Almost everything we do is related to emotions, even at work.
Did you laugh or smile at work today? If you did, you showed emotions. Were you bored in your last meeting? Upset or sad about losing a customer? Excited about hitting a goal? All emotions. These are just a few examples of the many emotional moments that occur in the workplace each day.
To offer insights into the variety and complexity of emotions at work, we conducted a research study to explore emotions in the workplace.
Read below for results about:
To create awesome emotional cultures, organizations need to understand which emotions are prevalent in the workplace and how they affect employees.
We asked employees to select up to three positive feelings they feel most often at work from these emotions: calm, comfortable, energetic, enthusiastic, excited, happy, joyful, peaceful, relaxed, and satisfied.
Our results suggest that the top three positive emotions felt by employees at work are as follows, including the percentage of respondents who selected each emotion:
We also asked them to select up to four negative feelings they feel most often at work from these emotions: annoyed, anxious, bored, disinterested, dissatisfied, frustrated, gloomy, miserable, sad, stressed, tired, uncomfortable, unhappy, upset, and worried.
Here's what employees identified as the top three negative emotions felt at work:
That’s a lot of emotions! Which do you feel most often at work?
Our research pointed to some noticeable differences between the most common emotions felt by individual contributors and managers. Here are the largest differences in positive emotions between individual contributors and managers:
Managers are more likely to feel energetic, enthusiastic, and happy more often than individual contributors, but managers likely feel comfortable less often. Here are the largest differences in negative emotions between individual contributors and managers:
Managers are more likely to feel stressed and annoyed than individual contributors, but managers likely feel uncomfortable less often.
Combining both sets of results by position level, we get the following summary:
When compared to individual contributors, managers are more likely to feel (1) energetic, enthusiastic, happy, stressed, and annoyed more often, and (2) comfortable less often.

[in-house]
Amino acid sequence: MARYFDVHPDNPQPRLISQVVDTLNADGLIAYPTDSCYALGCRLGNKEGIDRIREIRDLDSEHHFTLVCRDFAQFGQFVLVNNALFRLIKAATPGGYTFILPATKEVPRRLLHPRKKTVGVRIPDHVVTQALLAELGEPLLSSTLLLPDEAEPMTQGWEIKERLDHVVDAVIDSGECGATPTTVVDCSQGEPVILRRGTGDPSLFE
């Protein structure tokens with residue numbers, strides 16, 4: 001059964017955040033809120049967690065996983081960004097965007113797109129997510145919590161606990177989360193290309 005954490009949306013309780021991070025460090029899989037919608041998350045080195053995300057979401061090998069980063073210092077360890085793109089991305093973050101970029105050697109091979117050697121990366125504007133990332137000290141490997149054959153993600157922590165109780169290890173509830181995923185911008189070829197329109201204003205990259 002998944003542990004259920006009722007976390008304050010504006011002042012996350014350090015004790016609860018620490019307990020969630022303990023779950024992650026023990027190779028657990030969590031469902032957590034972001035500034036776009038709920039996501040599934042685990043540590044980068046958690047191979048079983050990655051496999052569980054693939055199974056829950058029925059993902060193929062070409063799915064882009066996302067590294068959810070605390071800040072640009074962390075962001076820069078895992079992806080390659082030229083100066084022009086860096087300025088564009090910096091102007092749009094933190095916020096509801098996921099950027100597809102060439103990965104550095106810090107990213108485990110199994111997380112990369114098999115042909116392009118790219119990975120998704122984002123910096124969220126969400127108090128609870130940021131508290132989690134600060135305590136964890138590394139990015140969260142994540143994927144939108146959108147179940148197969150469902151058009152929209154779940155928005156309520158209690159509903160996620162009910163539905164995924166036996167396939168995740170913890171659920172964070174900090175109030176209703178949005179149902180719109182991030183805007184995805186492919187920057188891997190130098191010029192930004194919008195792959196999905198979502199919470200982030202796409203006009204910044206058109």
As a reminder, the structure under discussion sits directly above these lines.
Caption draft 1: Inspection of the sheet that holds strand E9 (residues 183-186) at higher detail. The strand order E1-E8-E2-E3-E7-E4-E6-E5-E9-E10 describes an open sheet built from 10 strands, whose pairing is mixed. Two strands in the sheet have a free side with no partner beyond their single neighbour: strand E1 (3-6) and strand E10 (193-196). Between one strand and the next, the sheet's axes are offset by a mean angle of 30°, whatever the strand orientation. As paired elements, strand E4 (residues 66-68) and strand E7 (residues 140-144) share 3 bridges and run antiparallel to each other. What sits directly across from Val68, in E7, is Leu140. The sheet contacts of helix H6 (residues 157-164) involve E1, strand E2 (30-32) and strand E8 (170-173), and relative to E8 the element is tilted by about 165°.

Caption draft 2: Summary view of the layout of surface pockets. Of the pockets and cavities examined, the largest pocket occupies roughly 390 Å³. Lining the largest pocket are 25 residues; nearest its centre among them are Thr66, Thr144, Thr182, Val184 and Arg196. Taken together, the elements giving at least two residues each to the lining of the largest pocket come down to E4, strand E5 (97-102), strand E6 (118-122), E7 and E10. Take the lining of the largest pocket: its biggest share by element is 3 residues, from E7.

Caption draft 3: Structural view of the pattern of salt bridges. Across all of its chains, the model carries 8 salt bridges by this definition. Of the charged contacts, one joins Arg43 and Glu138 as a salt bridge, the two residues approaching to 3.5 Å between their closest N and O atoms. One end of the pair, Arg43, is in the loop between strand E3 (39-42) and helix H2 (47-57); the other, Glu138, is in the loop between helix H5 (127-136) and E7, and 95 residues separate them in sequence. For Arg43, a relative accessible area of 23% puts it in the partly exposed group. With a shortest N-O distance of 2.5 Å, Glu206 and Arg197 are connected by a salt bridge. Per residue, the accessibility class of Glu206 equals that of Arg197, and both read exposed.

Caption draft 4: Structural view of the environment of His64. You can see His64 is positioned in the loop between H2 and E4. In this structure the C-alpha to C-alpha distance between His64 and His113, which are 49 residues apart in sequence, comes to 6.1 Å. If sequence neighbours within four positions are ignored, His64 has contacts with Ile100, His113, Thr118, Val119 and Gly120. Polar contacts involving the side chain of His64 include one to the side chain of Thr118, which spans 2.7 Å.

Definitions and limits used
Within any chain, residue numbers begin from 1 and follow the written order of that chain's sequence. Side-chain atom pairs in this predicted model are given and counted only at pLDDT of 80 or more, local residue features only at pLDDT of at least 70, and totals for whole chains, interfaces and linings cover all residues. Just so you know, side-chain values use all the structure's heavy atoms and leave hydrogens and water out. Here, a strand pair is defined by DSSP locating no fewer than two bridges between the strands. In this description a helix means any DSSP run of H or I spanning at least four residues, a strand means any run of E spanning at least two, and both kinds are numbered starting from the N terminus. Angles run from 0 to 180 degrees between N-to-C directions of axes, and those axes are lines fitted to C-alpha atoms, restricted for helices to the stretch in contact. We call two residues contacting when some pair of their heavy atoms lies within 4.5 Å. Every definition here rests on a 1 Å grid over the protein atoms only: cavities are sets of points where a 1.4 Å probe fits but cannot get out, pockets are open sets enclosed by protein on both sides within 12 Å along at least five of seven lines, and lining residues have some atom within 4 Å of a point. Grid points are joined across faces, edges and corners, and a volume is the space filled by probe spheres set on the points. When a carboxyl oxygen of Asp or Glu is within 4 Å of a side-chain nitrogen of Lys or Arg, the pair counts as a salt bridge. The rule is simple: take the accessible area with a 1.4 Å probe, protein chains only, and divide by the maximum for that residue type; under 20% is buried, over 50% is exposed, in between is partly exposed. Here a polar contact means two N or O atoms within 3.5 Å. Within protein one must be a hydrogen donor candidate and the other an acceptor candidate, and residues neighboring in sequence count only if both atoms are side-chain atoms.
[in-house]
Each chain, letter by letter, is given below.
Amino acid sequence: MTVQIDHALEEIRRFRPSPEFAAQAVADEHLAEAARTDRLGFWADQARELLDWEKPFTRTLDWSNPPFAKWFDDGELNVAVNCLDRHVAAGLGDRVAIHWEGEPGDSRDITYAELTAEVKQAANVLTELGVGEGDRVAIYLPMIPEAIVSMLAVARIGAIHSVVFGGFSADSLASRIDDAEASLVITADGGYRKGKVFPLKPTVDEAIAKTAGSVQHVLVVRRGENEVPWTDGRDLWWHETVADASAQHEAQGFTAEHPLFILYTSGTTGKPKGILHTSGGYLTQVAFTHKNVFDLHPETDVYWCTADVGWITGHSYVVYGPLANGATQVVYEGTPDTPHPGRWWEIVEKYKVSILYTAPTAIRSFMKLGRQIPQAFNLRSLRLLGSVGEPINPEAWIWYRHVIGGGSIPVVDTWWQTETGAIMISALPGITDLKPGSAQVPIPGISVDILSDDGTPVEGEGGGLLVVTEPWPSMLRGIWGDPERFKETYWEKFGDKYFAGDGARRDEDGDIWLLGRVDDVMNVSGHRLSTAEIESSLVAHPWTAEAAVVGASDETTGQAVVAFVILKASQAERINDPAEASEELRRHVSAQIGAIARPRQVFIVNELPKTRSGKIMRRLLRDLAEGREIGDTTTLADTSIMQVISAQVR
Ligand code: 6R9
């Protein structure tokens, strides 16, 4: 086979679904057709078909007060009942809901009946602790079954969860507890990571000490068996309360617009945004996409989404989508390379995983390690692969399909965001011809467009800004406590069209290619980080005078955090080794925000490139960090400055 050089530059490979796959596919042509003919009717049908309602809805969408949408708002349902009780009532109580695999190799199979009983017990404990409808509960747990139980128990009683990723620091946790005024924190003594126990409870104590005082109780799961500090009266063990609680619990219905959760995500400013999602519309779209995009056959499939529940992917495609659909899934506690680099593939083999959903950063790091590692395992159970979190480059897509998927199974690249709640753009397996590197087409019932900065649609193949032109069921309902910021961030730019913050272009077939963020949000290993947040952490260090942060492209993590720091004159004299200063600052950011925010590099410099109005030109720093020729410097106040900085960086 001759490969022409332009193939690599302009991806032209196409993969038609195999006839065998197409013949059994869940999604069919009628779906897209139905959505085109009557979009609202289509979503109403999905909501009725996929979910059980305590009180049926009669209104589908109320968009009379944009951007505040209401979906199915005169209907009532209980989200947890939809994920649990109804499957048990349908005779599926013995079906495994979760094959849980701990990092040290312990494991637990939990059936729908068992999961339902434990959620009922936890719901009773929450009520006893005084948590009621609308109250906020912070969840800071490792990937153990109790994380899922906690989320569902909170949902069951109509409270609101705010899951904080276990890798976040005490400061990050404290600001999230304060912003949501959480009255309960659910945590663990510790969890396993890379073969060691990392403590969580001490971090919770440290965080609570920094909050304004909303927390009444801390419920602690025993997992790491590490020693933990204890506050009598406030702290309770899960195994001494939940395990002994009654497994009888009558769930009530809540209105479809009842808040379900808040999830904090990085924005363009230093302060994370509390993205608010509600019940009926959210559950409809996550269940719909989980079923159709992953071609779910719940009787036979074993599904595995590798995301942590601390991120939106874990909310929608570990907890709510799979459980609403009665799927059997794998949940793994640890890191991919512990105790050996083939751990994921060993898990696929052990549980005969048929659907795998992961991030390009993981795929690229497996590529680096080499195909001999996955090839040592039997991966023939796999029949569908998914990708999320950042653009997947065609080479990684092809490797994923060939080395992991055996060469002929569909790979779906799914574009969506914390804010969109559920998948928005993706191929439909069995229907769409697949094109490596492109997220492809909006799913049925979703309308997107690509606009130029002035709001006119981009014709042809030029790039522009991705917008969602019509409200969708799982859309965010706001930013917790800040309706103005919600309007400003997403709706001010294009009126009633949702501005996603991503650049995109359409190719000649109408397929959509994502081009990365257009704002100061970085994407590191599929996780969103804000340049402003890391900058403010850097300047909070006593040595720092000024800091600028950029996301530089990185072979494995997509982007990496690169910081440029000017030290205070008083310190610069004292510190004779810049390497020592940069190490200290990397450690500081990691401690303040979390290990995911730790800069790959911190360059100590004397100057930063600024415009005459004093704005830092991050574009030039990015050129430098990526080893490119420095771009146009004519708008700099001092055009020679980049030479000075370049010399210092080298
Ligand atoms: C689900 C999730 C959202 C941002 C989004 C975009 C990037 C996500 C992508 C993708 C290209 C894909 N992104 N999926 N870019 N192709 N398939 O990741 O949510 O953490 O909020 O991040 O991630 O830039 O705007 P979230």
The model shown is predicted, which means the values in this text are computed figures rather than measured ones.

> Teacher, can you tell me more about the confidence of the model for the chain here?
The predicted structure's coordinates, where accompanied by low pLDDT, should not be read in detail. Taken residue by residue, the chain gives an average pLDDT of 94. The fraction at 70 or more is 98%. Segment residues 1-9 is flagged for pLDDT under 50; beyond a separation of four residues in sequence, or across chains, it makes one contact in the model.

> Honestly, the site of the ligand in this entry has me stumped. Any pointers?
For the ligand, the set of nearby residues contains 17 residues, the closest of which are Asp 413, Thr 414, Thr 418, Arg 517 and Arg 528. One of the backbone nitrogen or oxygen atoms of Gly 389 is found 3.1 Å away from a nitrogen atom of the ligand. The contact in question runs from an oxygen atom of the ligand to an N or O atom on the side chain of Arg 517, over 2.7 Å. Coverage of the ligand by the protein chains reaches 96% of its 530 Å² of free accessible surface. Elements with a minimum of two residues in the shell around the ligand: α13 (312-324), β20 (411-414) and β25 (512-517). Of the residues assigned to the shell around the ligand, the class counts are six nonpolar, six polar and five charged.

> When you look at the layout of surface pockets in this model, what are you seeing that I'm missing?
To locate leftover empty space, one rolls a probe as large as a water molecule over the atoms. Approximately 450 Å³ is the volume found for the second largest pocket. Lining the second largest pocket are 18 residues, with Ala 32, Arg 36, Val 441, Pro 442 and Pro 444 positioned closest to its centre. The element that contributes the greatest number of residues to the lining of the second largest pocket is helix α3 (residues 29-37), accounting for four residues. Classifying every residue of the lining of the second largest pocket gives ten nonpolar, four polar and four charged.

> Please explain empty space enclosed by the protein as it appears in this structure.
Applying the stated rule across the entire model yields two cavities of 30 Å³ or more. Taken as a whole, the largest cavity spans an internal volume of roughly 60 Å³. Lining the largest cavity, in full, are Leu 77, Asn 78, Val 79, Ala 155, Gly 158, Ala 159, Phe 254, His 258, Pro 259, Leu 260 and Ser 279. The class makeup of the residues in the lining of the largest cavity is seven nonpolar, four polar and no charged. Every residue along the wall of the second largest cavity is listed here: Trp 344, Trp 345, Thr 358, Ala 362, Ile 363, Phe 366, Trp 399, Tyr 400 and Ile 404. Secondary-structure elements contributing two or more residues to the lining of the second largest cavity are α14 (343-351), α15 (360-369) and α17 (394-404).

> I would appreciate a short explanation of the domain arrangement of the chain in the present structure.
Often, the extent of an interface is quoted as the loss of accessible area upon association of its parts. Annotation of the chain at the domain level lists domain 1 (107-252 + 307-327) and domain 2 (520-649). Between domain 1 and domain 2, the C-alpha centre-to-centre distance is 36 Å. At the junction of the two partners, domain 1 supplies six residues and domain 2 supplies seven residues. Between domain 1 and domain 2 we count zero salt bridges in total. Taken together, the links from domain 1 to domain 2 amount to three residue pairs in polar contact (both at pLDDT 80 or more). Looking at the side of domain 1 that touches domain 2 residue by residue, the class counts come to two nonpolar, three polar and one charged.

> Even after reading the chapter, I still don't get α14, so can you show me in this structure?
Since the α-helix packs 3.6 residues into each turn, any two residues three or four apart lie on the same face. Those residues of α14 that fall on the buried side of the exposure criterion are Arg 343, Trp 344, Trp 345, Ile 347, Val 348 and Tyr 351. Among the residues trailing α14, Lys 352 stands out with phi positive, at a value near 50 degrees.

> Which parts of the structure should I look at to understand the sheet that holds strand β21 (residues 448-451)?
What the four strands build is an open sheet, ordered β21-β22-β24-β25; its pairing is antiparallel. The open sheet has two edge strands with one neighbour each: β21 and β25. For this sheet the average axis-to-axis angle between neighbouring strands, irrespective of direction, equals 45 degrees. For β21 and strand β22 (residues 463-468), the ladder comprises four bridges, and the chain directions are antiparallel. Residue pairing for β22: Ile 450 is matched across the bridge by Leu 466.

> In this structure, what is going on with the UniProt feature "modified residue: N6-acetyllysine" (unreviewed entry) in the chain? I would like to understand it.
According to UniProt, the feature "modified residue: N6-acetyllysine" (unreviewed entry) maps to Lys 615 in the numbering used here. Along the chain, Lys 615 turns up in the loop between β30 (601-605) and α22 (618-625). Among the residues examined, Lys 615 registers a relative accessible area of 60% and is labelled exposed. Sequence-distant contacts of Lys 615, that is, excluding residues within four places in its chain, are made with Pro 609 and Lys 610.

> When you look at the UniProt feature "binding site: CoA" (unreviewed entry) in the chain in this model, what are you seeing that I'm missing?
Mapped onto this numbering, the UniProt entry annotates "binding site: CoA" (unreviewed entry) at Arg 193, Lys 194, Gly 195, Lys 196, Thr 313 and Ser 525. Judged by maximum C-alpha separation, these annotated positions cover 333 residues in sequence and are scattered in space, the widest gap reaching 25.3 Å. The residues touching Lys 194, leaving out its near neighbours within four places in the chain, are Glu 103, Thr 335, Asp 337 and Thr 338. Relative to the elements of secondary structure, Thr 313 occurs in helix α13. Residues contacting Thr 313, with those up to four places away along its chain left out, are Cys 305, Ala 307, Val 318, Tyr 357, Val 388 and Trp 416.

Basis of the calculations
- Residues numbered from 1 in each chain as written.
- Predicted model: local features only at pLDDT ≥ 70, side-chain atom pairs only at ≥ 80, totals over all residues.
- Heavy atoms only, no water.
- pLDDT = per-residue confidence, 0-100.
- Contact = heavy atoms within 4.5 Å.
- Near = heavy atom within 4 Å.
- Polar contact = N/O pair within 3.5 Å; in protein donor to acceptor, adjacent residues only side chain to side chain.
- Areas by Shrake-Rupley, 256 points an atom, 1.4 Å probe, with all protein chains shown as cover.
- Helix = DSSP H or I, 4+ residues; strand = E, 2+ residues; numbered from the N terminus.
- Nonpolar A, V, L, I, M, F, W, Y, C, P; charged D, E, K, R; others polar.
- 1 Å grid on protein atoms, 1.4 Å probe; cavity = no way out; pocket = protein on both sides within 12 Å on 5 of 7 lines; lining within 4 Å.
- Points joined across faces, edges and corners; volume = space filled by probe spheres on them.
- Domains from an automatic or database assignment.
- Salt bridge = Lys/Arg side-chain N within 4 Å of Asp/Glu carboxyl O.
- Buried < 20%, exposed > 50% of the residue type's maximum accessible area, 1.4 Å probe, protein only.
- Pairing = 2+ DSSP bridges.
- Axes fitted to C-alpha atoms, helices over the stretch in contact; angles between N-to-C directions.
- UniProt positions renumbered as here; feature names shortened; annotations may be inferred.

What do you think about these differences? It could be that managers tend to feel energetic, enthusiastic, and happy more often due to their roles as cheerleaders, motivators, facilitators, coaches, and conflict resolvers.
At the same time, managers often have more responsibilities and encounter more barriers than individual contributors, which could explain a higher frequency of stress and annoyance.
Do emotions impact employee engagement? Our research shows some clear connections between emotional culture and levels of engagement, and the implications of these findings are serious. Engagement impacts a wide variety of important business outcomes — which makes a solid case for addressing emotions at work.
Burying emotions hurts engagement... but so does being in an emotionally toxic environment. When the people around you are frequently and openly expressing negative emotions, it can have a damaging effect on employee engagement. The chart below shows the relationship between employee engagement and how often others (coworkers, managers, etc.) express negative emotions.
Engagement decreases as immediate coworkers or managers more frequently express negative emotions, with a large gap between “a few times a month” and “a few times a week.”
Employees whose managers or immediate coworkers express negative emotions on a daily or weekly basis, compared to any less frequent basis, have much lower levels of engagement.
Experiencing negative emotions expressed by others—whether seen, heard, or read—may decrease feelings of overall connection (i.e., engagement). Or it could be that as employees’ engagement decreases, they become more sensitive to, and better or more strongly remember, negative emotions expressed by others.
We’ve shown that emotions are varied. Those emotions can even differ between position levels. And when negative emotions are expressed, they can negatively impact employee engagement.
The first two sets of results are important. Knowing the kinds of emotions employees are most likely to feel (whether positive or negative) can help you navigate those emotions. Knowing is half the battle!
But the third set of results is perhaps most important to consider. To help decrease the expression of negative emotions at work, you need to understand what happened before those emotions boiled over. And if they’re expressed daily or weekly within teams, what kinds of negative emotions are we talking about? Are they “hot” negative emotions like anger or frustration, or “cold” emotions like sadness and apathy? Each type of emotion is unique and requires a unique approach to handling it.
Despite that uniqueness, building a culture of trust and practicing emotional intelligence skills can allow employees to develop a better appreciation for the complexity and variety of emotions. An additional hope is that cultures of trust, and individual skill-building, will allow employees to feel and express more positive emotions in the workplace.
Emotions have an enormous impact on the workplace. To learn more about emotions at work, safe spaces, coping mechanisms, and more, get your copy of our ebook, Emotions in the Workplace.